Surprising Keys to ALL-DAY ENERGY
Here’s welcome news: Slacking off a bit on your wellness routine can actually boost your vitality! “I was able to lose 20 pounds and feel so much stronger with a highintensity interval training program.”
Queen Latifah, 47
Sometimes our good intentions have us trying too hard — even when it comes to staying healthy. Case in point: antibacterial soaps. When they emerged about a decade ago, we were eager to add them to our germ-fighting arsenal. “Problem is, we now know antibacterial soaps don’t offer any health edge,” notes Stuart Levy, M.D., director of the Center for Adaptation Genetics and Drug Resistance at Tufts University in Boston. “They’ve shown no benefits over plain soap and water when it comes to protecting against illness.” In fact, the FDA has now banned soaps with the antibacterial chemical triclosan, which contributes to antibiotic resistance and has been linked to thyroid troubles.
Skipping antibacterial soap isn’t the only example of how easing up on strict standards can be beneficial to your health, notes Dr. Levy. Read on for two more let-it-slide strategies that will help optimize your energy and your well-being.
SHORTEN YOUR WORKOUTS
Lengthy sweat sessions may seem like the gold standard for health, but in addition to leaving you feeling totally burned-out, research shows they aren’t the most effective getfit strategy. What is: brief bursts of exercise. As fitness expert JJ Virgin, Ph.D., author of The Virgin Diet, explains, “Just 60 seconds of exercising at maximum capacity creates an oxygen debt the body has to repay, which it does by burning more fat.”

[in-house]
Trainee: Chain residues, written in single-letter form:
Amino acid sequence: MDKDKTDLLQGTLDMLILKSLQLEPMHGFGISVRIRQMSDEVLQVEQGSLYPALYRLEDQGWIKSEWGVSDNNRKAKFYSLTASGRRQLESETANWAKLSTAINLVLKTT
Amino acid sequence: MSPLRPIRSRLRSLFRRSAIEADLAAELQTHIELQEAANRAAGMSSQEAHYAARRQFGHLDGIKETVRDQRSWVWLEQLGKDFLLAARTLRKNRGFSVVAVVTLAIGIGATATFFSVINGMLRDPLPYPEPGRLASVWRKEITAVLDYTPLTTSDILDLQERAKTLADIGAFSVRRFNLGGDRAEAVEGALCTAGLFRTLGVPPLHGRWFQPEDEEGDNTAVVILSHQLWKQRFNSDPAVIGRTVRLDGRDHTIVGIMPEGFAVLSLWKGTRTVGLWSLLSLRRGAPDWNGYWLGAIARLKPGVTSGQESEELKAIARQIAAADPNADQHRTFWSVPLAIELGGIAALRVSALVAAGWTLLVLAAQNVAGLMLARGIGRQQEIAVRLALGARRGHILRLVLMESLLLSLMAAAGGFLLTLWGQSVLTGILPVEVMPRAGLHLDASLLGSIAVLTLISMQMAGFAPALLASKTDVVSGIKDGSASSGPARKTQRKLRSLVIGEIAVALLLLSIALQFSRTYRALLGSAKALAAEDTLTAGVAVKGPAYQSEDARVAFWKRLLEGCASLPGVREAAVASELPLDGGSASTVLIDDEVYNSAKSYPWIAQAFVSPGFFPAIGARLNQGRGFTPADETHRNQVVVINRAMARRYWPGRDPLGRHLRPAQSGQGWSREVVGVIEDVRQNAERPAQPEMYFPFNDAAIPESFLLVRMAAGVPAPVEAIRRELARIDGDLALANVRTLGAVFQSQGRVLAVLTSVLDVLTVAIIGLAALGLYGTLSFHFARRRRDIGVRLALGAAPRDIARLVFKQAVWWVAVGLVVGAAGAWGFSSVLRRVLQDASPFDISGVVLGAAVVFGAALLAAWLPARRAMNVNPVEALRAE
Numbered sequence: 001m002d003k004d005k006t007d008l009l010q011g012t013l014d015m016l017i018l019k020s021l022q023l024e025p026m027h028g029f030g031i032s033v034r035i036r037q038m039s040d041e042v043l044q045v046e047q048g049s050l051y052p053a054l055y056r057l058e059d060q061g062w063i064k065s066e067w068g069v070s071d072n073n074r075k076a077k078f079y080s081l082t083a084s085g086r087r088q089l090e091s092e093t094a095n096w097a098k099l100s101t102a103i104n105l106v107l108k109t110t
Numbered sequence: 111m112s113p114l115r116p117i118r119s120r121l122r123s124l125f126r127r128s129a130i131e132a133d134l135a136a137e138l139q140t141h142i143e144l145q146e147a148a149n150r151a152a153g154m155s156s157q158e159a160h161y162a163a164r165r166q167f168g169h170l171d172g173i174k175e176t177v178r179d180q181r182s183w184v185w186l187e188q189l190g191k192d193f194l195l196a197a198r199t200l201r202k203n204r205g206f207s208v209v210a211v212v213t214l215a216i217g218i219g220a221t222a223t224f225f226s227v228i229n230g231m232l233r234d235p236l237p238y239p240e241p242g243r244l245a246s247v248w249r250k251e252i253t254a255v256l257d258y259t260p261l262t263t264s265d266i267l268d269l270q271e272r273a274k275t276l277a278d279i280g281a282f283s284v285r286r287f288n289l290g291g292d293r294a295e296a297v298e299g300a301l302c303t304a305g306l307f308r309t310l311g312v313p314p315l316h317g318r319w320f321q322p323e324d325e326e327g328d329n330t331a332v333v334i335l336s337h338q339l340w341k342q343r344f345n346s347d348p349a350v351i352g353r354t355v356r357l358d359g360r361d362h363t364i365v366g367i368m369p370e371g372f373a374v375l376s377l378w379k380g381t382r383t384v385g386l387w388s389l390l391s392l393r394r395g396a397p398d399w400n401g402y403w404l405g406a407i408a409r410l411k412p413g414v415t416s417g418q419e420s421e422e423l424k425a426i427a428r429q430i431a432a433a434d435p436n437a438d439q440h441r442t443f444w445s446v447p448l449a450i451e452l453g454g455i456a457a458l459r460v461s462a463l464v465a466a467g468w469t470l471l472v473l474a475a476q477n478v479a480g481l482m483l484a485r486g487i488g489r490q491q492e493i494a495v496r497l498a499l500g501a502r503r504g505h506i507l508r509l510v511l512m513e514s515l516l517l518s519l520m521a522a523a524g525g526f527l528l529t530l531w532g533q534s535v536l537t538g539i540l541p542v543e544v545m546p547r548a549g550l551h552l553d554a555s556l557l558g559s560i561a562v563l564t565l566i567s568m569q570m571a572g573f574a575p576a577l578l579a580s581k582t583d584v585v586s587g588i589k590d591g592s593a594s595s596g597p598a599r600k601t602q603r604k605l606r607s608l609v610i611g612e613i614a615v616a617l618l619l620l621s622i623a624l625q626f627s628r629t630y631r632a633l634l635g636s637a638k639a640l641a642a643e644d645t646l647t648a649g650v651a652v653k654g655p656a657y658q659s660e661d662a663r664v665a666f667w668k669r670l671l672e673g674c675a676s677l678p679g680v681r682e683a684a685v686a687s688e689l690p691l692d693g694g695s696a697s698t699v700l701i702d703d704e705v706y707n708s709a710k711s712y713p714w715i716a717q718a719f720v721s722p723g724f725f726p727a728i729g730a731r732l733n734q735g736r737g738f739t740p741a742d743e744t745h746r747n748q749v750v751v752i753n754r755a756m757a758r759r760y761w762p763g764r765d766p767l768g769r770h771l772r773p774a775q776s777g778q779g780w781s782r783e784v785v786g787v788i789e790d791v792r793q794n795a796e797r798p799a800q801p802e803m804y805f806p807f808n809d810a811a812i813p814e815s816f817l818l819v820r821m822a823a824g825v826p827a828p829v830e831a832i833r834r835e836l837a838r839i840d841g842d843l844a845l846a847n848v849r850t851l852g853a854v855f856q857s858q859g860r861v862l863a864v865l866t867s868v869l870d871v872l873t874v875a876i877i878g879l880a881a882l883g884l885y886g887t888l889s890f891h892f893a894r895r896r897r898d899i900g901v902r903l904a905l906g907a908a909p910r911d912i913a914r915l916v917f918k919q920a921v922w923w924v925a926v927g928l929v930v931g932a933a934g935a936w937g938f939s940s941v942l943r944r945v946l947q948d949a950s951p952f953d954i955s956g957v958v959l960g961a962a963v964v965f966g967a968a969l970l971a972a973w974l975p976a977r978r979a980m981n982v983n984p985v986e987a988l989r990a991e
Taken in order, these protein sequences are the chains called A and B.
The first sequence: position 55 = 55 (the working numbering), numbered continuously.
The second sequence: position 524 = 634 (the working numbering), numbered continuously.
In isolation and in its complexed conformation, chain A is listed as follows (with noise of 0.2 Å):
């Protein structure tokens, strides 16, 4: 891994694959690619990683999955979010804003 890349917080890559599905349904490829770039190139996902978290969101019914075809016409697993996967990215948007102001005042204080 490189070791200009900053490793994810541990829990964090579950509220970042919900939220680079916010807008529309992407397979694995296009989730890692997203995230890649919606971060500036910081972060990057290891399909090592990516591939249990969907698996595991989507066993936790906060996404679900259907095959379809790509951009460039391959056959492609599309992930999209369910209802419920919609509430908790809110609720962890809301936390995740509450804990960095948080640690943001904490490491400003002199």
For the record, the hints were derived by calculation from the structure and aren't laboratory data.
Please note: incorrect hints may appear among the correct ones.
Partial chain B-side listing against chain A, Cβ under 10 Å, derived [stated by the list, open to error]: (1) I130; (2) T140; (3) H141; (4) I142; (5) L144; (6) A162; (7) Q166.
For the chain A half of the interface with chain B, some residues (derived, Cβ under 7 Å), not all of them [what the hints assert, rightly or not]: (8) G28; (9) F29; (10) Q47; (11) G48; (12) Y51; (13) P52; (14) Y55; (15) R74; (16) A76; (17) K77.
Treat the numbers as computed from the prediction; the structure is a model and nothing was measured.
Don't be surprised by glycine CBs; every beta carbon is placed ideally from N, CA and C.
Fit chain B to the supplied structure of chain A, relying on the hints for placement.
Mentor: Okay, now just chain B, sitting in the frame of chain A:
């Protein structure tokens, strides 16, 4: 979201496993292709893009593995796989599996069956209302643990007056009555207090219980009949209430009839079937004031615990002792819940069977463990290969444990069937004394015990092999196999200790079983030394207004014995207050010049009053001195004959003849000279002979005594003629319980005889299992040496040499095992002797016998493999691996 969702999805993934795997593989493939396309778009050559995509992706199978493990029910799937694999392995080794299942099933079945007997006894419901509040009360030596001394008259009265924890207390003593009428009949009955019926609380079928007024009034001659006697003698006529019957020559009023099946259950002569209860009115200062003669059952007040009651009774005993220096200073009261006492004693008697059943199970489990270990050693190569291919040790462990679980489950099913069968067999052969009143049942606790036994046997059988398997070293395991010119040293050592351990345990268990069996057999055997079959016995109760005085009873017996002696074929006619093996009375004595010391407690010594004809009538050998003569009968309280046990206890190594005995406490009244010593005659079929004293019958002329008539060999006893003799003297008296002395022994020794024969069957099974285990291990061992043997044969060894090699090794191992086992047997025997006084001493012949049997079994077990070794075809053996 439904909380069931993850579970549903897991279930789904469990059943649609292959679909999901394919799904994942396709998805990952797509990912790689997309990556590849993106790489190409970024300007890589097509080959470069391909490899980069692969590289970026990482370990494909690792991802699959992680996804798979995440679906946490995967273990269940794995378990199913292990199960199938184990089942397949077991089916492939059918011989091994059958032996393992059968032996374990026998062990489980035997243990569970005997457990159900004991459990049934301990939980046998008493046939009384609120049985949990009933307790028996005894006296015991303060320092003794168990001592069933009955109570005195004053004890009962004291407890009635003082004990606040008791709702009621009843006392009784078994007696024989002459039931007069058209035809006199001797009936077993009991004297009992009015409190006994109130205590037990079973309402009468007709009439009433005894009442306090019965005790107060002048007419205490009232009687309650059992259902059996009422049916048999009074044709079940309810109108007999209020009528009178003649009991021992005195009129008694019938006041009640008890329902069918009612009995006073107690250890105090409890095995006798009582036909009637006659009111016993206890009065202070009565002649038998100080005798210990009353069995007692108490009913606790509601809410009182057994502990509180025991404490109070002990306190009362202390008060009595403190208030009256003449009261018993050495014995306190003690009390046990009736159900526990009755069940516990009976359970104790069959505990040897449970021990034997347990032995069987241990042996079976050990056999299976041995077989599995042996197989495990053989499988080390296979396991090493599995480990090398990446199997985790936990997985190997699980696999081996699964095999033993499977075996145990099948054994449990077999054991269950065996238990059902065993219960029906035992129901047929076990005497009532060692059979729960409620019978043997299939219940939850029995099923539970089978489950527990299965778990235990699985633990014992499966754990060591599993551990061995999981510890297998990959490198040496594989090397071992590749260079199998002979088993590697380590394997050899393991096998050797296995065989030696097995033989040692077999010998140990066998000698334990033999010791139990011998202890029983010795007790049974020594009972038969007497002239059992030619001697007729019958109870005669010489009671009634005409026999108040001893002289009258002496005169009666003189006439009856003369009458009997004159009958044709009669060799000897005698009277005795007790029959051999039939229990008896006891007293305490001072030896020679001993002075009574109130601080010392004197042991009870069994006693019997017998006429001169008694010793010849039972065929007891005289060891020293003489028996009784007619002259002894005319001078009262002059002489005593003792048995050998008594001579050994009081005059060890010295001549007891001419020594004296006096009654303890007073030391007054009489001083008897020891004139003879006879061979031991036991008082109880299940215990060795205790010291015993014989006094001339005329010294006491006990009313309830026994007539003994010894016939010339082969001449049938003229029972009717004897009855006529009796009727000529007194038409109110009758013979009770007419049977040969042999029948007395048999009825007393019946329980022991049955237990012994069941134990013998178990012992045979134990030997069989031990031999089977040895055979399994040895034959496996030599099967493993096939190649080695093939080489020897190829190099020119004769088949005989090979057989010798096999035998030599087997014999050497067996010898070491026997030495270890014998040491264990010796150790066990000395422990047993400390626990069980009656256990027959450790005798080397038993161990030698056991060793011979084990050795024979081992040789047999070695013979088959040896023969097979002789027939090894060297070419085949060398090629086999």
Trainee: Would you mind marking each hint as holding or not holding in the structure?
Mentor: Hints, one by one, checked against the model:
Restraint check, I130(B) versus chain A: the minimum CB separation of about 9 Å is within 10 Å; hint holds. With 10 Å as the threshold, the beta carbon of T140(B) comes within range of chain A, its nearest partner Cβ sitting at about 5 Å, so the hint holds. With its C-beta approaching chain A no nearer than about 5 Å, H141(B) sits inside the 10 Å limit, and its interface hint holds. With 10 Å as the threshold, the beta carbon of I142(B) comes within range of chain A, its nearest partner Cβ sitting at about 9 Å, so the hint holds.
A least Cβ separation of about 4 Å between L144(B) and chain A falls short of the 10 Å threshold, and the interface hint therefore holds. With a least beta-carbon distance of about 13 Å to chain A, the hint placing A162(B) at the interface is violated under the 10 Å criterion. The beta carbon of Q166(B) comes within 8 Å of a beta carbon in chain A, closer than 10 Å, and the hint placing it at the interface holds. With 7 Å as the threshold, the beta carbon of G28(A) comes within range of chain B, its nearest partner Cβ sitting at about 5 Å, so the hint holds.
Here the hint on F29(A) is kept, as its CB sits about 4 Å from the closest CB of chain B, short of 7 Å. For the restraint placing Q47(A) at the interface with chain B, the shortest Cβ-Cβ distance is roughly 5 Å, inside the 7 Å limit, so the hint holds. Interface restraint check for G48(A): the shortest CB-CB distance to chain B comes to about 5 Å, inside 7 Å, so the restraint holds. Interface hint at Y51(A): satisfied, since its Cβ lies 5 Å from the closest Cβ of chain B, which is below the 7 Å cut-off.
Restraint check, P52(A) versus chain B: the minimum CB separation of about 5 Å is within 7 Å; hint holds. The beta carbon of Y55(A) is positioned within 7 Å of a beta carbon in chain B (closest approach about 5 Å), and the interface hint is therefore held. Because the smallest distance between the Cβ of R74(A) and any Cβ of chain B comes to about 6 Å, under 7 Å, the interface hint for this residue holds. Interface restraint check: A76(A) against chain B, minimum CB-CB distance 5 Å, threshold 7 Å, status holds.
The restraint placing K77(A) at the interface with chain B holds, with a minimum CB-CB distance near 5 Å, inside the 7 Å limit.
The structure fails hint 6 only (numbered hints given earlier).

The payoff: Studies show that highintensity interval training helps women lose nine times more fat than endurance exercise. Intervals also help control blood sugar, warding off the dips that sap energy. To get the perks, Virgin suggests jumping rope or doing jumping jacks as intensely as you can for 60 seconds, then resting for 2 minutes; repeat 4 to 6 times.
RELAX YOUR DIET
Avoiding processed fats and vegetable oils like corn, soy and canola is smart since they trigger inflammation linked to weight gain, heart disease and more—but being too strict a fat cutter can backfire. “Your body uses fat to make hormones, provide energy and absorb fat-soluble vitamins, so fatigue and weight gain can occur if you don’t get enough,” says Virgin. She advises enjoying two to three servings of healthy fat at each meal in the form of avocados, olive oil, oily fish, grass-fed meats and seeds. She adds that there’s no need to count or measure fats when they come from a variety of whole foods.
Also smart: Choose frozen fruit and vegetables over “fresh” offseason produce, which is picked before it’s ripe and hasn’t reached optimal nutrient content.